Brown University is known for its open curriculum, and its commitment to social justice. So it is no surprise that Brown is one of the foremost colleges in the country teaching and practicing an innovative social change business model known as social entrepreneurship. Social entrepreneurs take an innovative, untested idea for positive social change and usher it from dream to reality.
Based in Brown University’s Swearer Center for Public Service, the university’s new Social Innovation Initiative (SII) is quietly playing a major role in the rise of social entrepreneurship in Providence, nationally and internationally.
Alan Harlam, SII’s director, describes how after twenty years in the private sector he craved more meaningful work. He was inspired by, and then became a consultant in shaping an institutional and full-service catering business, More Than a Meal, for Amos House, a Providence nonprofit. More than A Meal is a social enterprise that creates employment opportunity for the poor and homeless served by the nonprofit, while simultaneously generating income to sustain it. Experiencing the successful application of his business knowledge and skills to deliver positive social impact via the free market was transformative for Harlam. He had discovered his passion.
In 2007, Harlam was hired as the first Director of Social Entrepreneurship for Brown’s Social Innovation Initiative, to provide institutional support to students who are using innovation to drive social change. Harlam and his students create a “generous culture of idea and resource sharing,” mentoring and supporting budding social entrepreneurs, and enhancing the impact and sustainability of their work in communities by connecting them with skills and resources at Brown and in Providence. SII offers fellowships with stipends, year-long workshops, a Peer Critique forum, access to competitive grants, and an on-line network.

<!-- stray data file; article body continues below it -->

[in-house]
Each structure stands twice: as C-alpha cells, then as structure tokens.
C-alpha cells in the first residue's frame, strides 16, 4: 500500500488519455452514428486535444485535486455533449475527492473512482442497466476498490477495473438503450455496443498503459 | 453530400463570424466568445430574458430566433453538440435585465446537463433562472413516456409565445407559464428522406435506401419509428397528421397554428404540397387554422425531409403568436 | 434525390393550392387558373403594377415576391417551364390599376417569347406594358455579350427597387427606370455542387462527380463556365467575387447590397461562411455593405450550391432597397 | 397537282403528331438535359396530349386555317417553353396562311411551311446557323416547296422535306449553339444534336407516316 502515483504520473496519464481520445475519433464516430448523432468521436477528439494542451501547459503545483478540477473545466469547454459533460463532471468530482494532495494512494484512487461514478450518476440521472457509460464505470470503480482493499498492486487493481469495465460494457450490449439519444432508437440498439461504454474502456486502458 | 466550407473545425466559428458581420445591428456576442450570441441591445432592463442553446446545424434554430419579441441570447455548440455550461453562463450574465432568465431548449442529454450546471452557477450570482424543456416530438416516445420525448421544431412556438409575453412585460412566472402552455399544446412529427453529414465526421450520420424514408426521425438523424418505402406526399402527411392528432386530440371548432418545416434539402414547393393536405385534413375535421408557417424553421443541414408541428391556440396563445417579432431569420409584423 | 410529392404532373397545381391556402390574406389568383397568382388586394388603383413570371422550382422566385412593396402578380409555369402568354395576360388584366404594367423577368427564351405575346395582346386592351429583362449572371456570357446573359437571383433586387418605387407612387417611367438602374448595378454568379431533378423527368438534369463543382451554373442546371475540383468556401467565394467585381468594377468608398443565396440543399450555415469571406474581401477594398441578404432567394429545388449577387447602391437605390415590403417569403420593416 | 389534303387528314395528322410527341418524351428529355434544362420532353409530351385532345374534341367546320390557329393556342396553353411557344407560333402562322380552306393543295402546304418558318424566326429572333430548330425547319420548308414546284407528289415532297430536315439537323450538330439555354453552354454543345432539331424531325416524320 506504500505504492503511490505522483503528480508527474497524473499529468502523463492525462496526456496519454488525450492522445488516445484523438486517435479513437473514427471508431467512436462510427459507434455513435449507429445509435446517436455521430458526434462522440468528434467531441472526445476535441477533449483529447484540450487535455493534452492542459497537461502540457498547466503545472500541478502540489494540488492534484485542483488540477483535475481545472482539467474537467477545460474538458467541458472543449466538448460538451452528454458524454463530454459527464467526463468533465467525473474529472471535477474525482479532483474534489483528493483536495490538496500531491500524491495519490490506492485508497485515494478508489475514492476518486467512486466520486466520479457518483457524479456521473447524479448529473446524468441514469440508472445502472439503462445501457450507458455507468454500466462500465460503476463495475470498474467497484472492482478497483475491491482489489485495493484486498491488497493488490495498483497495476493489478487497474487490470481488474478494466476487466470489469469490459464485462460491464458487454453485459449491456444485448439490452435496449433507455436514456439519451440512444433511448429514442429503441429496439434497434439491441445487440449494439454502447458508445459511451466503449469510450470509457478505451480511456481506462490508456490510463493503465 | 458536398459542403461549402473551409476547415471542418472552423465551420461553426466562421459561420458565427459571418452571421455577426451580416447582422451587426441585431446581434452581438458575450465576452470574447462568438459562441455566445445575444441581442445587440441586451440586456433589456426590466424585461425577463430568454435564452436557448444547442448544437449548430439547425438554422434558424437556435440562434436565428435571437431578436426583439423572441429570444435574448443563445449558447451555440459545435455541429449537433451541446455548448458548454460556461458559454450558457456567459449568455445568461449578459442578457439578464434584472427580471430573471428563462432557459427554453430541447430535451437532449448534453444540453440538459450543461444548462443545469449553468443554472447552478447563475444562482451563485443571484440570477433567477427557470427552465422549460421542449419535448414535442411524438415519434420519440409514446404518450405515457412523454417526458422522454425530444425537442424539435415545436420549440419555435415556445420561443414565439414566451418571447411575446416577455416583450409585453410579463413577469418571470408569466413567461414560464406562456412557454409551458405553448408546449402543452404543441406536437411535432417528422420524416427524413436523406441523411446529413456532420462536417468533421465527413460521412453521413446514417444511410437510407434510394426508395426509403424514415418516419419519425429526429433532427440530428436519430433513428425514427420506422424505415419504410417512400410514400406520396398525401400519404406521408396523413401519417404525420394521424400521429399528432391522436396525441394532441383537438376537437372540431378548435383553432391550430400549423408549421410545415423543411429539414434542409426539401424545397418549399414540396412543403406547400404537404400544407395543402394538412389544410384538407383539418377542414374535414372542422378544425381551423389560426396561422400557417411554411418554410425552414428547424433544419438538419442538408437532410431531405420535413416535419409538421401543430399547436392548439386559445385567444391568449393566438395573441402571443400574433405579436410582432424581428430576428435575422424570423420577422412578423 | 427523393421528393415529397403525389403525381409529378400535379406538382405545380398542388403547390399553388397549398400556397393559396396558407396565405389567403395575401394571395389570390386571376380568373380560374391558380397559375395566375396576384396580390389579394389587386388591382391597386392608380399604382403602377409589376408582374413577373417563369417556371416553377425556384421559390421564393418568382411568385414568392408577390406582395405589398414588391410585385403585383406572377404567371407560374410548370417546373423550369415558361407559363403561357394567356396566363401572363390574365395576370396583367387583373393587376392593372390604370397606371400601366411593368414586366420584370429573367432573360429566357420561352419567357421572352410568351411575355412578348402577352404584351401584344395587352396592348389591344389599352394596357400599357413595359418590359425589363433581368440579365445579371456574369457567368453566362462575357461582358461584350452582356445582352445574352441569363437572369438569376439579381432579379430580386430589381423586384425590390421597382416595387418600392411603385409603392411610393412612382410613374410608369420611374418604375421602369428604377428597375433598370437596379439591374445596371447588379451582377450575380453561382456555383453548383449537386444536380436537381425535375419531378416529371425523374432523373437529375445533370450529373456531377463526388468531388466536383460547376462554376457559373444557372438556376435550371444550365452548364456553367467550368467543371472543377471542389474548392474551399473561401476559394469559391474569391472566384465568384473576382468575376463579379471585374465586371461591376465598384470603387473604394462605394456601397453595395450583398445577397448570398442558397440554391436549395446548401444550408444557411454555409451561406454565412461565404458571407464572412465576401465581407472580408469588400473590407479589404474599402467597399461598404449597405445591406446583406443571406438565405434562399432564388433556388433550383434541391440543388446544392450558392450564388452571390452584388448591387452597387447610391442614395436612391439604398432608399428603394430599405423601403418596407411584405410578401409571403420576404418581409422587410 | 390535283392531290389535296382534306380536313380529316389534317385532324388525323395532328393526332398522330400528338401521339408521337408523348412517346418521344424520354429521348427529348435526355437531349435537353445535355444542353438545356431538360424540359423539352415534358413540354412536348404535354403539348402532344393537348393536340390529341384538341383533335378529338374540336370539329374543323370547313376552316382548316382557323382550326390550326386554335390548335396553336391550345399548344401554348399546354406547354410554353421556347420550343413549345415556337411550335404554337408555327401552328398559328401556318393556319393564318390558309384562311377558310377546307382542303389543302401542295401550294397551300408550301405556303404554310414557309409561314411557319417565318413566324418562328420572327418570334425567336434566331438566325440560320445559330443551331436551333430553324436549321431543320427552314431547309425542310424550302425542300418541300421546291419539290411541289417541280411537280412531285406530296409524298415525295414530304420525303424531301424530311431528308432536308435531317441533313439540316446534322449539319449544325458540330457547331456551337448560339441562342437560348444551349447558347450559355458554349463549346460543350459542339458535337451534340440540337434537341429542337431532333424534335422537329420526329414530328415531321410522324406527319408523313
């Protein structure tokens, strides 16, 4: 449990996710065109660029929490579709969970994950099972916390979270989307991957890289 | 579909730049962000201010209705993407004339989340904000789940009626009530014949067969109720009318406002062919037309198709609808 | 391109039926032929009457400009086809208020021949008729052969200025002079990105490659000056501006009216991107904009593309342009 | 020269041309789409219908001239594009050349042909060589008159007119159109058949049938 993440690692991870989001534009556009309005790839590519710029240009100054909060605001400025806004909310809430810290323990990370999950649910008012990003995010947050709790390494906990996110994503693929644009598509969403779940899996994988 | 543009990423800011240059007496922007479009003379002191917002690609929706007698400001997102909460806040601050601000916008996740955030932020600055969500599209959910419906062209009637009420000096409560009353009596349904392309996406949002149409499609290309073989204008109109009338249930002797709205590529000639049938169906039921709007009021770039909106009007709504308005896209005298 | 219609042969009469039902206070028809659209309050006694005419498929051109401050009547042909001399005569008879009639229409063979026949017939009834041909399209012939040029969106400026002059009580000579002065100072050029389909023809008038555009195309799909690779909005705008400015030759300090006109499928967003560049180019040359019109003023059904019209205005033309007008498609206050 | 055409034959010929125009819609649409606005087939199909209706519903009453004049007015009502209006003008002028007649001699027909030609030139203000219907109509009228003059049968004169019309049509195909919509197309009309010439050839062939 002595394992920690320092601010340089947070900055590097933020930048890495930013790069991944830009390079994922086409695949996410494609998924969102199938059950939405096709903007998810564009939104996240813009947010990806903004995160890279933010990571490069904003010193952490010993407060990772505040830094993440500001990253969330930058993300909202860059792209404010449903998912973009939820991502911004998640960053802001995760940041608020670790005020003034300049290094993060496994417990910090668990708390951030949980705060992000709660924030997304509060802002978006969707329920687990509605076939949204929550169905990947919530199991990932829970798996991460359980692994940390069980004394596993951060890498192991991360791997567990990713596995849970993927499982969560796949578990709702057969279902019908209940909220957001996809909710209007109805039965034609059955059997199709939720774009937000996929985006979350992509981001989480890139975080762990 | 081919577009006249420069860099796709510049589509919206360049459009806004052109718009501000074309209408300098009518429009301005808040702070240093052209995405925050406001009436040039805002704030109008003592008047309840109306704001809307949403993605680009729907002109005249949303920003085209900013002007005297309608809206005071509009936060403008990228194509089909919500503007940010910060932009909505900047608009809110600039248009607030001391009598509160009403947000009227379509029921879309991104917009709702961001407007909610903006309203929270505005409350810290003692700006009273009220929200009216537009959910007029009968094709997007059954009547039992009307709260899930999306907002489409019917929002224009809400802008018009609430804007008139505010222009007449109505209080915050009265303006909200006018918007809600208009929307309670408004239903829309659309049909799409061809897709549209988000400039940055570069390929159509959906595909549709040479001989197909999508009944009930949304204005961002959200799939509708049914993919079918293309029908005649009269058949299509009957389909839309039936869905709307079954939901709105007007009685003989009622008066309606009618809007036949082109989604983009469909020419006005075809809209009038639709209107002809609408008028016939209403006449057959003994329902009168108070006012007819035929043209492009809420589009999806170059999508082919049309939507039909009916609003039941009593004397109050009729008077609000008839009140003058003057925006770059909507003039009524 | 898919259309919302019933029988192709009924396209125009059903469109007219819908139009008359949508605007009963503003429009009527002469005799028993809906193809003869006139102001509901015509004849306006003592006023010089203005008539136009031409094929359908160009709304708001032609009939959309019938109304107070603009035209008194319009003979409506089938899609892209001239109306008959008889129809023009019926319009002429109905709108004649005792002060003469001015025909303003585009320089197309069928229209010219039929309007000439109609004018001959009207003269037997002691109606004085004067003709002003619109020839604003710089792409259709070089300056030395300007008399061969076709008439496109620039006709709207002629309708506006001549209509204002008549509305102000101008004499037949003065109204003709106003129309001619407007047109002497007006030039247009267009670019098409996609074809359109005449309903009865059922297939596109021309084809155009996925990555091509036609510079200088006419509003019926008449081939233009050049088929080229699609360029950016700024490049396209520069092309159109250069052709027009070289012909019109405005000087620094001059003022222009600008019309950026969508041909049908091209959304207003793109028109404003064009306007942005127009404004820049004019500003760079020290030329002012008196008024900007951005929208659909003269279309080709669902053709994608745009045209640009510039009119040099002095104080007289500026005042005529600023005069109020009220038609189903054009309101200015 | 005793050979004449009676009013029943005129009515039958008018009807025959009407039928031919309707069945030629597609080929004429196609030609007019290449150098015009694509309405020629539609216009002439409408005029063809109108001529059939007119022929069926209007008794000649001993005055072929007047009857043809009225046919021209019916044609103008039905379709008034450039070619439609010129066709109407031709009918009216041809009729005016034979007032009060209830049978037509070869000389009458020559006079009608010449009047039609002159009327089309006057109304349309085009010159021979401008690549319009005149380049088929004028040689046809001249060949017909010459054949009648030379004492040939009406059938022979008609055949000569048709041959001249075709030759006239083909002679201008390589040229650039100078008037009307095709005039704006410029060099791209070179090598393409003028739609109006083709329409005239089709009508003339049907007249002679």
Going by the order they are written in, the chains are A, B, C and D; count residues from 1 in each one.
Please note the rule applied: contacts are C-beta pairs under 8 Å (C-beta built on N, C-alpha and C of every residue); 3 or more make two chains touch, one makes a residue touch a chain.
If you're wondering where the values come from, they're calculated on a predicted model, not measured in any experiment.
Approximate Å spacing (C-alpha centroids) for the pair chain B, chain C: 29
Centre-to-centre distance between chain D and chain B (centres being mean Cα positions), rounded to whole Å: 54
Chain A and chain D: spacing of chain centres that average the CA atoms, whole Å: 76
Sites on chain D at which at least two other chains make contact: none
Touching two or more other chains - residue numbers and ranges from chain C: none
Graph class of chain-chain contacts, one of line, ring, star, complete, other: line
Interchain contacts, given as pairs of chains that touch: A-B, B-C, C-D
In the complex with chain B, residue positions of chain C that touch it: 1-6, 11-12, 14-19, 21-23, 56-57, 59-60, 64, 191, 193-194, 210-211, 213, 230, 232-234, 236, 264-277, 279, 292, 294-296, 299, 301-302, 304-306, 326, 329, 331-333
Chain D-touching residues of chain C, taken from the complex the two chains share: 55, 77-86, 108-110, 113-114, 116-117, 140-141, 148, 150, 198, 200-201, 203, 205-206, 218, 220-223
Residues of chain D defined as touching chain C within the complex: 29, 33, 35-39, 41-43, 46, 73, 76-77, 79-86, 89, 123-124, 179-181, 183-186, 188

Community partnerships are key to Brown’s definition of social innovation, and SII recognizes that its efforts are made possible by the pioneering work of a range of individuals and organizations in Providence, such as the Rhode Island Foundation, New Roots Providence, and many others.
Last year, the Brown community raised upwards of $300,000 to support social enterprise and SII provided seed grants to numerous innovative, entrepreneurial student projects. Some examples include: Runa (www.fundacionruna.org), a blended business and nonprofit foundation based in Providence and Ecuador that generates income to conserve endangered Amazonian ecosystems and provide sustainable employment for the local populations through the sale of a new health-energy drink made from a rain forest plant; Gardens for Health (http://www.gardensforhealth.org) a 2009 recipient of a prestigious Echoing Green fellowship, this nonprofit working in Rwanda enables HIV-positive individuals to improve their nutrition and health through low-cost sustainable agriculture practices; and the Capital Good Fund (http://www.capitalgoodfund.org) a non-profit micro-lender based in Providence which works in collaboration with local agencies to makes small business loans to low-income residents and recent immigrants who do not qualify for traditional financing.
Harlam is thrilled to see so many social entrepreneurs emerging from his program at Brown with bold ideas translated into strong business plans that are changing the world.